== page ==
Echo Cove, Alaska---The little Redington 5-wt. rod bent in the backcast as the line slowly unfolded toward the woods behind me. Then, with a slight flick of the wrist, the energy now stored in the bent tip was released forward and the line went whipping by me, carrying the pink closer out over the dark blue water of Echo Cove.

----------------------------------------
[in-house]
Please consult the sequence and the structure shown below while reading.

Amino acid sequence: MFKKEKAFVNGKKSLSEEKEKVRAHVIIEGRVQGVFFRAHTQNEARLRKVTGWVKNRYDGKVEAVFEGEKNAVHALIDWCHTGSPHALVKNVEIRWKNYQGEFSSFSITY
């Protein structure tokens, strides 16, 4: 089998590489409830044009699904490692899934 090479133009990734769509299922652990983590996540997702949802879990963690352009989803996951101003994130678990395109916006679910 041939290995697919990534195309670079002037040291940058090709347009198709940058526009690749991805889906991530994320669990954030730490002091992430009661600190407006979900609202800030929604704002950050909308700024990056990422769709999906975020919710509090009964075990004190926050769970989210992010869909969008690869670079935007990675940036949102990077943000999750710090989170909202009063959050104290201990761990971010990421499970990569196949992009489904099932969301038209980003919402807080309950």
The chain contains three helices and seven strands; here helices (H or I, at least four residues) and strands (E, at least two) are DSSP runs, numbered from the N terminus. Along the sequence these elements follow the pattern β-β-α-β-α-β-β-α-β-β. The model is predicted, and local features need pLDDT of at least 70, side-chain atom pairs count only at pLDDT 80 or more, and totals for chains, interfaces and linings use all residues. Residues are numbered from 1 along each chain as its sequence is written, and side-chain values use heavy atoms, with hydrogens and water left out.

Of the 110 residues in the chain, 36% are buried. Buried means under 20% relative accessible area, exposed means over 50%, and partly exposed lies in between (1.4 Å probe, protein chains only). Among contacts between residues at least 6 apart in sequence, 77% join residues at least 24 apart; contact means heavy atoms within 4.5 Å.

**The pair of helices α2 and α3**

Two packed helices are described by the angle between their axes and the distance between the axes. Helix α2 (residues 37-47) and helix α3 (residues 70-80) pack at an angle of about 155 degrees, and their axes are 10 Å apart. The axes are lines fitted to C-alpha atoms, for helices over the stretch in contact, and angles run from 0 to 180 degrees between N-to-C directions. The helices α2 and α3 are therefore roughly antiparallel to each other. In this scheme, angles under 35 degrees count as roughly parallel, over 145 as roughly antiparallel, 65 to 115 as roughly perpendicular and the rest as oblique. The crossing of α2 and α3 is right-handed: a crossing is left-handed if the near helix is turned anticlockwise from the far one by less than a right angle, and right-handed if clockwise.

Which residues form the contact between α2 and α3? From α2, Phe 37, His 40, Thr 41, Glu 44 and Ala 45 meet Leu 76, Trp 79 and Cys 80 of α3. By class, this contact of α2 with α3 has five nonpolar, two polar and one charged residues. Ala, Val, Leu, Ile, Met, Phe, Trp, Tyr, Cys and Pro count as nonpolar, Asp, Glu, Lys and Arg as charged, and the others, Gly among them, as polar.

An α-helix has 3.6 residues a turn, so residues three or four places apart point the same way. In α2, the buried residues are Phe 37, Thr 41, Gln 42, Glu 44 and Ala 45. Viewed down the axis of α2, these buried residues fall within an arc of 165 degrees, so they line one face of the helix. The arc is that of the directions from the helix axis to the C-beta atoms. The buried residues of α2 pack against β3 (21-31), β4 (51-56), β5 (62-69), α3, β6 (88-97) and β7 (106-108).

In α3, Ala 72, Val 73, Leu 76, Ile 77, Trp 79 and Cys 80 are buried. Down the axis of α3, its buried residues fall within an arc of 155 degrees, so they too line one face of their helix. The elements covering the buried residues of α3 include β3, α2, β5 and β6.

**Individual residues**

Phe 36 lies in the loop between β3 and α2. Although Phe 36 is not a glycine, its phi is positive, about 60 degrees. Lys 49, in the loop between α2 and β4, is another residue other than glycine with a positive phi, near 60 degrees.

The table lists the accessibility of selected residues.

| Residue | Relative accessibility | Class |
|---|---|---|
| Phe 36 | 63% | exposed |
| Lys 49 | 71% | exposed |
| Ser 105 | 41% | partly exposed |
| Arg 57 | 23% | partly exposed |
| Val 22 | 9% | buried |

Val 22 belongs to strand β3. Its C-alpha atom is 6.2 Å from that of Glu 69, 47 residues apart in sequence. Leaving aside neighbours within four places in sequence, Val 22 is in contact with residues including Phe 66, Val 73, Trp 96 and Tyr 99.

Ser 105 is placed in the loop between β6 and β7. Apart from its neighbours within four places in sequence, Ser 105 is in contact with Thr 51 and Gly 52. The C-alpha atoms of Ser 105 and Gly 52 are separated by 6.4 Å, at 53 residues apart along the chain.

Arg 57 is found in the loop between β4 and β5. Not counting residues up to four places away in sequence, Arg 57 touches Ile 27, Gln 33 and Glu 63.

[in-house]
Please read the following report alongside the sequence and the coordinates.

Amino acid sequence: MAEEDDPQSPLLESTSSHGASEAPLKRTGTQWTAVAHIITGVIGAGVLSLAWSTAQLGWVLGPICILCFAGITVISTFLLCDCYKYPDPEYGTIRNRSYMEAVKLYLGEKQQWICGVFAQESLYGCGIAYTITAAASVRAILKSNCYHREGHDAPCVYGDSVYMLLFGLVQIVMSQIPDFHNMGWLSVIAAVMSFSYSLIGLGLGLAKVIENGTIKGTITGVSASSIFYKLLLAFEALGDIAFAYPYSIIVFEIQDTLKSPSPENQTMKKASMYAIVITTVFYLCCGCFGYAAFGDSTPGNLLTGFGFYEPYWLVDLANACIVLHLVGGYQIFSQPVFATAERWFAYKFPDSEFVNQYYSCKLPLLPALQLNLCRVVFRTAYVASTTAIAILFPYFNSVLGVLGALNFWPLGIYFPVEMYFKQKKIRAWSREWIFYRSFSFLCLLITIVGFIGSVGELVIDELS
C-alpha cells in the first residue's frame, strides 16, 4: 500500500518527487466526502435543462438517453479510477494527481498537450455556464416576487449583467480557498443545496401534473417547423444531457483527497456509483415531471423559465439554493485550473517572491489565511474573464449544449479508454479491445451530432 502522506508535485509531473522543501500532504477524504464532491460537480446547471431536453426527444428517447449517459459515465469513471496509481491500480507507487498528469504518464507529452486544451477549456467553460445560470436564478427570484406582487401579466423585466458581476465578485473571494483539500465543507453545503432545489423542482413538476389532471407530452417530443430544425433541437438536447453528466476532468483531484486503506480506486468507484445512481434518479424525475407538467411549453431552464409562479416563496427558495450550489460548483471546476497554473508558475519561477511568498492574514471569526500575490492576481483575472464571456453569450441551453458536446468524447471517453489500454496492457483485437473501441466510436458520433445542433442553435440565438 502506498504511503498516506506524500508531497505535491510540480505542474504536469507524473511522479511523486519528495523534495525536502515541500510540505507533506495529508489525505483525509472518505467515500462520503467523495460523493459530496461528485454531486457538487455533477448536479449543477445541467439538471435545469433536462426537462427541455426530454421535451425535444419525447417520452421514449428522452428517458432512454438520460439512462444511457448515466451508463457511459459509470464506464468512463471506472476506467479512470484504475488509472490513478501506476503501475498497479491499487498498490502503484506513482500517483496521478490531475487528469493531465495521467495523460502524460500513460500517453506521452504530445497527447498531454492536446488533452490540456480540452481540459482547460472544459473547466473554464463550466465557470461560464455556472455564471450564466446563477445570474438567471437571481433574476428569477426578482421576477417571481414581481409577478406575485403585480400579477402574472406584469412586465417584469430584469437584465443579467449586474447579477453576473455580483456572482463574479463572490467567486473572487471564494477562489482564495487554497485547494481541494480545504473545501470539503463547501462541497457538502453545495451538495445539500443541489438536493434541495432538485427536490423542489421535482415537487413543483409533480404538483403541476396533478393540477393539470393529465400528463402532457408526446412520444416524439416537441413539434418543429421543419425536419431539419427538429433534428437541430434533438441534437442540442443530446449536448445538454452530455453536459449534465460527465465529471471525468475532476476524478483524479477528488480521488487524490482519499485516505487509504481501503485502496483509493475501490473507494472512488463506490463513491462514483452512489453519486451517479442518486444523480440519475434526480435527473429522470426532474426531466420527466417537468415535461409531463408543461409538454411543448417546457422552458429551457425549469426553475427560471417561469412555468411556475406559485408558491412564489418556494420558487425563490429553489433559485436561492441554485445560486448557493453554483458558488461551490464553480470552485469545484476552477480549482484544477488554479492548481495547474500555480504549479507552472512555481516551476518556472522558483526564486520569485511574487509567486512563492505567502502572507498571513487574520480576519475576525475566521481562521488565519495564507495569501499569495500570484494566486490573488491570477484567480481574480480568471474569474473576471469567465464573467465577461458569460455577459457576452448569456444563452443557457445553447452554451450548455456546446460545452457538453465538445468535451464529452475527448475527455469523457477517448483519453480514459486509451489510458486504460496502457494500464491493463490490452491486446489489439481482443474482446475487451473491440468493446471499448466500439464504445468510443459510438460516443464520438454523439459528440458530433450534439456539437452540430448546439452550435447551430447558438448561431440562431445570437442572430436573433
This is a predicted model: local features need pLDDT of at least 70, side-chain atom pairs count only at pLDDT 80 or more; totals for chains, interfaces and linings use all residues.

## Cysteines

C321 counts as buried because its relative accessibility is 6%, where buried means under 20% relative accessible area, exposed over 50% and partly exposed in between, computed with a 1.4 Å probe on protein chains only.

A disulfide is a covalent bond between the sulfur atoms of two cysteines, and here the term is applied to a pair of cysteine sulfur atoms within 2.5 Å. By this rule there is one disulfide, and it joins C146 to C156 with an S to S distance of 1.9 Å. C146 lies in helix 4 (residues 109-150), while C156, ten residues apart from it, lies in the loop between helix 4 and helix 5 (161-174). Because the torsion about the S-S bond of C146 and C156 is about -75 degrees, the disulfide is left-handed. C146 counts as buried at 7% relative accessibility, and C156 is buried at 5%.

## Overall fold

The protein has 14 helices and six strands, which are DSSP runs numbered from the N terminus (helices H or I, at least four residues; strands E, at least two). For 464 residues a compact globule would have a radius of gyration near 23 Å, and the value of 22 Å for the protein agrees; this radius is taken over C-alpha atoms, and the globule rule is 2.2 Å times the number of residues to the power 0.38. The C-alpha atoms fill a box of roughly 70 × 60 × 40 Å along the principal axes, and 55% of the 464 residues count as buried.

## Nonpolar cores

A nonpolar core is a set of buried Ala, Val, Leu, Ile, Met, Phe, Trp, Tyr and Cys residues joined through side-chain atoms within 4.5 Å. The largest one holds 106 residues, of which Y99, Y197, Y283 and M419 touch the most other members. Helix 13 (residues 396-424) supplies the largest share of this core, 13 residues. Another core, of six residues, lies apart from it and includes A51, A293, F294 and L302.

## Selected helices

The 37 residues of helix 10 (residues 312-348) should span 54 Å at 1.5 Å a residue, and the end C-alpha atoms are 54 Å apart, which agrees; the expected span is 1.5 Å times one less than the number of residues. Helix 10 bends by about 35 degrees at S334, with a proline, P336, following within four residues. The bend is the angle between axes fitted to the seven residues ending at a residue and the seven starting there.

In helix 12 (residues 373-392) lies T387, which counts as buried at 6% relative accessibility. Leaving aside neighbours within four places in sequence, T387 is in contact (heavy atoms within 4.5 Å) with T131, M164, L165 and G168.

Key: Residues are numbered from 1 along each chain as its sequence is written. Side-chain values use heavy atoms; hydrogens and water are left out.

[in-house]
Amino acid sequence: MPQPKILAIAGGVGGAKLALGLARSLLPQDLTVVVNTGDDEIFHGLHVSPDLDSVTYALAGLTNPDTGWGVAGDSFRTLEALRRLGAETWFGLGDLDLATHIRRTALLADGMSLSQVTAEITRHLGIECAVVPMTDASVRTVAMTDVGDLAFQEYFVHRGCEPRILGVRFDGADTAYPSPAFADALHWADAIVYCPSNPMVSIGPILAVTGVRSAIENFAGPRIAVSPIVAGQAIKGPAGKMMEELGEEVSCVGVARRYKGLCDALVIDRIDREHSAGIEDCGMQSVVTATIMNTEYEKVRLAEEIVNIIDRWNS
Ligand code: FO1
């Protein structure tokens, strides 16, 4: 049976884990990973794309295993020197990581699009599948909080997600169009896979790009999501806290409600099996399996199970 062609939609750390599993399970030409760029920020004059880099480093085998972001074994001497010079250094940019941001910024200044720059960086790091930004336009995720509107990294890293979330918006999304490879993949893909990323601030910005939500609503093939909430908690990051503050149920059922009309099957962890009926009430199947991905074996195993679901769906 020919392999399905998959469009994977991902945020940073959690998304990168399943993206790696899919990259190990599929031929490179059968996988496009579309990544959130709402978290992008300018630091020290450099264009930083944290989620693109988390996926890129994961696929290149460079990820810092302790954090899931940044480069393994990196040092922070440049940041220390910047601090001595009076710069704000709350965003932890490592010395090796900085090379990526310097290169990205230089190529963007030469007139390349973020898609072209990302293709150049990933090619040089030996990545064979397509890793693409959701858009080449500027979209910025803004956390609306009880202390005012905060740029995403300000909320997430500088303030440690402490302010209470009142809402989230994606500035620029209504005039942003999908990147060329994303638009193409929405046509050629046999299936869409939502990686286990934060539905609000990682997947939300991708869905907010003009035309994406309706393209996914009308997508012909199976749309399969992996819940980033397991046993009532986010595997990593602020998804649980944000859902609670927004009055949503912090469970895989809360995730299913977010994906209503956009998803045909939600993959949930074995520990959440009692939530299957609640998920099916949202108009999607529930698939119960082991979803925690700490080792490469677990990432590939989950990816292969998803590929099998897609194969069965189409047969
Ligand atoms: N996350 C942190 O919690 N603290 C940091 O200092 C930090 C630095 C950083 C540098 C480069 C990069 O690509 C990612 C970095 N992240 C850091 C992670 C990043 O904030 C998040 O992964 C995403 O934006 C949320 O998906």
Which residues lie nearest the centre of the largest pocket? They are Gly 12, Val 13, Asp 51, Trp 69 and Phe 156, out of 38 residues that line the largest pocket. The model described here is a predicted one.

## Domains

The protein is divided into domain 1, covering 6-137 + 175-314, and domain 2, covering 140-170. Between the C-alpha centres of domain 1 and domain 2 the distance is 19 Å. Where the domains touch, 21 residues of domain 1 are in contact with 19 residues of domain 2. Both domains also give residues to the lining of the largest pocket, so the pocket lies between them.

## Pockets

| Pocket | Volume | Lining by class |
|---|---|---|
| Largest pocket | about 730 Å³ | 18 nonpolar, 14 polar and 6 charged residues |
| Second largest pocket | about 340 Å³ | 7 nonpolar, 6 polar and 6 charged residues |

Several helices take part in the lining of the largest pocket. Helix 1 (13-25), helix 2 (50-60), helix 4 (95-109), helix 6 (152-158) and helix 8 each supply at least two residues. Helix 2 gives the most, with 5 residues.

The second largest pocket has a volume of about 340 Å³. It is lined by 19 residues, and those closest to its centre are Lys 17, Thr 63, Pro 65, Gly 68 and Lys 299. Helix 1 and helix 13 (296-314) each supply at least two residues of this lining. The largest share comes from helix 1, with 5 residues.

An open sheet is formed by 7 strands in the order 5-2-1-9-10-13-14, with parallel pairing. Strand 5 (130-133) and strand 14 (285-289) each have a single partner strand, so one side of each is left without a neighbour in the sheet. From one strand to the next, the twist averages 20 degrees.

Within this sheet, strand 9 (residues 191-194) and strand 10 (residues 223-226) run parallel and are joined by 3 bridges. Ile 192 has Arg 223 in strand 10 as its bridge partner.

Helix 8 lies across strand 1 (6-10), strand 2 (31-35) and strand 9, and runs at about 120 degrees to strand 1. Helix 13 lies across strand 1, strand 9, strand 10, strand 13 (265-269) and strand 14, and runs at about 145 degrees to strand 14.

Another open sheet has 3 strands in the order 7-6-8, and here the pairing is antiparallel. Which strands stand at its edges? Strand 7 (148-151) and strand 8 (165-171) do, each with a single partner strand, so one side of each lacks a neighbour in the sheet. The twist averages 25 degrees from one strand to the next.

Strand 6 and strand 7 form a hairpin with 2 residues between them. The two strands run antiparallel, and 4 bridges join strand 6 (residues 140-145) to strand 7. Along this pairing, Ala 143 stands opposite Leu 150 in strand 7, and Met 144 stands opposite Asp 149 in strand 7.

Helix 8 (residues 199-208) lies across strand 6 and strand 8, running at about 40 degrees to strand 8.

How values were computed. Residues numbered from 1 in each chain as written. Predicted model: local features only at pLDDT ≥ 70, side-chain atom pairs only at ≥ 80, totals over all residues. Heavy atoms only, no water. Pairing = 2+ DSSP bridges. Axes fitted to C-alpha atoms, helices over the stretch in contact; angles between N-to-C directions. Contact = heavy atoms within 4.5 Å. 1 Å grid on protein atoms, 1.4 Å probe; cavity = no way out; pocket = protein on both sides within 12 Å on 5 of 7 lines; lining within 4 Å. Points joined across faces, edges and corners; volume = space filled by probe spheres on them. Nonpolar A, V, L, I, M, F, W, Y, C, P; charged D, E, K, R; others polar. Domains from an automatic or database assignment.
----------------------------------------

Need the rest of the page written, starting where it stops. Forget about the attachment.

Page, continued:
About thirty yards out from the rocky shoreline the fly settled down into the water and I started to quickly strip in the line. I felt the powerful strike of the pink salmon (humpy), pointed the rod right at him and set the hook with a sharp strip of the line. The fight was on. The big silver-sided rocket drove off toward the point with a powerful run that stripped the line from the singing reel. I held the rod tip up a bit and let this wonder of modern science put the pressure on this magnificent fish. Just about when I thought he was going to keep going to Valdez, he stopped and sulked a minute. I lifted the tip and started to reel in line as fast as I could. Slowly he came toward me, but I wasn’t fooled. This wasn’t my first rodeo! Without any warning he just put his head down and whipped back by me like his tail was on fire. I raised the rod up as high as I could to take up the slack and then lowered it toward him as he hit the end of the line. The reel sang again, but I had retrieved quite a bit of line before he shot off. As he moved away, I once more raised the tip, putting pressure on him, letting him know I was still there. This bright fish, fresh from the ocean, was just full of energy and was not about to come to the net easily. Over and over the big humpy ran and then stopped, each foray getting shorter and shorter. Finally he came to me, slowly finning in the clear water by my boot tips. He would not admit defeat by rolling on his side, he was too proud for that, but he was done. I reached down and twisted the hook out of his lower jaw. He sat there a minute as if not realizing he was free. Then, with a flick of his tail he disappeared into the dark blue water from whence he had come. I rose and watched the small wake left by his energy. I waved a bit at MaryGayle and fluffed up my fly, readying it to be once again floated out over the sound. We were fishing at the end of the road about forty miles north of Juneau in a small cove full of pink salmon and Dolly Varden. After a 5200 mile drive from the east coast and one ferry ride, MaryGayle and I were where we wanted to be...fishing in water where the salmon were running, eagles soared overhead, and the water was clean and clear. The next day, on the advice of the Dave and Mike at the fly shop located in the Senate Building in downtown Juneau, we motored down the coast a ways to a small river called Sheep Creek. The water ran out over a gravel bar across which you could wade in no more than knee deep runs. The chum salmon were there by the thousands. It was a spectacle that has to be seen to be believed. There was death and destruction everywhere as these huge fish struggled to make their way up to the river pools from which they had come several years before. The minute they hit the fresh water they were starting to die. They only had a few days to get to the spawning areas, let go their eggs or sperm and then drift back to the ocean where their emaciated bodies would be consumed by every living thing along the shoreline. It was a bit grisly and a bit off-putting until you realize the full scope of this migration. The big gulls would peck the eyes out of the still living salmon as they struggled along the banks. The bald eagles were everywhere, tearing at the flesh of the spent fish. The terns were diving into the water, picking up the eggs as they floated downstream. The Dolly Varden were underneath the salmon in the pools, eating the eggs as soon as they were dropped. Bears waded the streams, yanking spent fish from the water and pulling them apart. Even the flounder were at the mouth of the stream, downing the bright pink eggs as they floated by. Just off the mouth of the river fishing vessels were seining the bay, pulling in nets that were just stuffed with the salmon. All along the coast this scene is repeated day after day. Millions of returning salmon of several different types, are supporting a whole ecosystem as they have been doing for centuries. Most of them are going to die after they lay their eggs, and nature never uses something just once. As a result, eagle chicks get fed, gulls and terns survive, and other life forms get their energy from the food of these dying fish. The cycle of life being played out in a very visual way. Juneau (traveljuneau.com) is an interesting city to visit. There are no roads into this capitol city, so the only way in is by plane, cruise ship or ferry. We are cruising Alaska in our slide-in truck camper, so we took the Alaska Marine Highway ferry (ferryalaska.com) down from Skagway. This trip down the coastline was a wonderful ride where we saw whales, seals, and a resplendent display of snowcapped mountains and thundering waterfalls.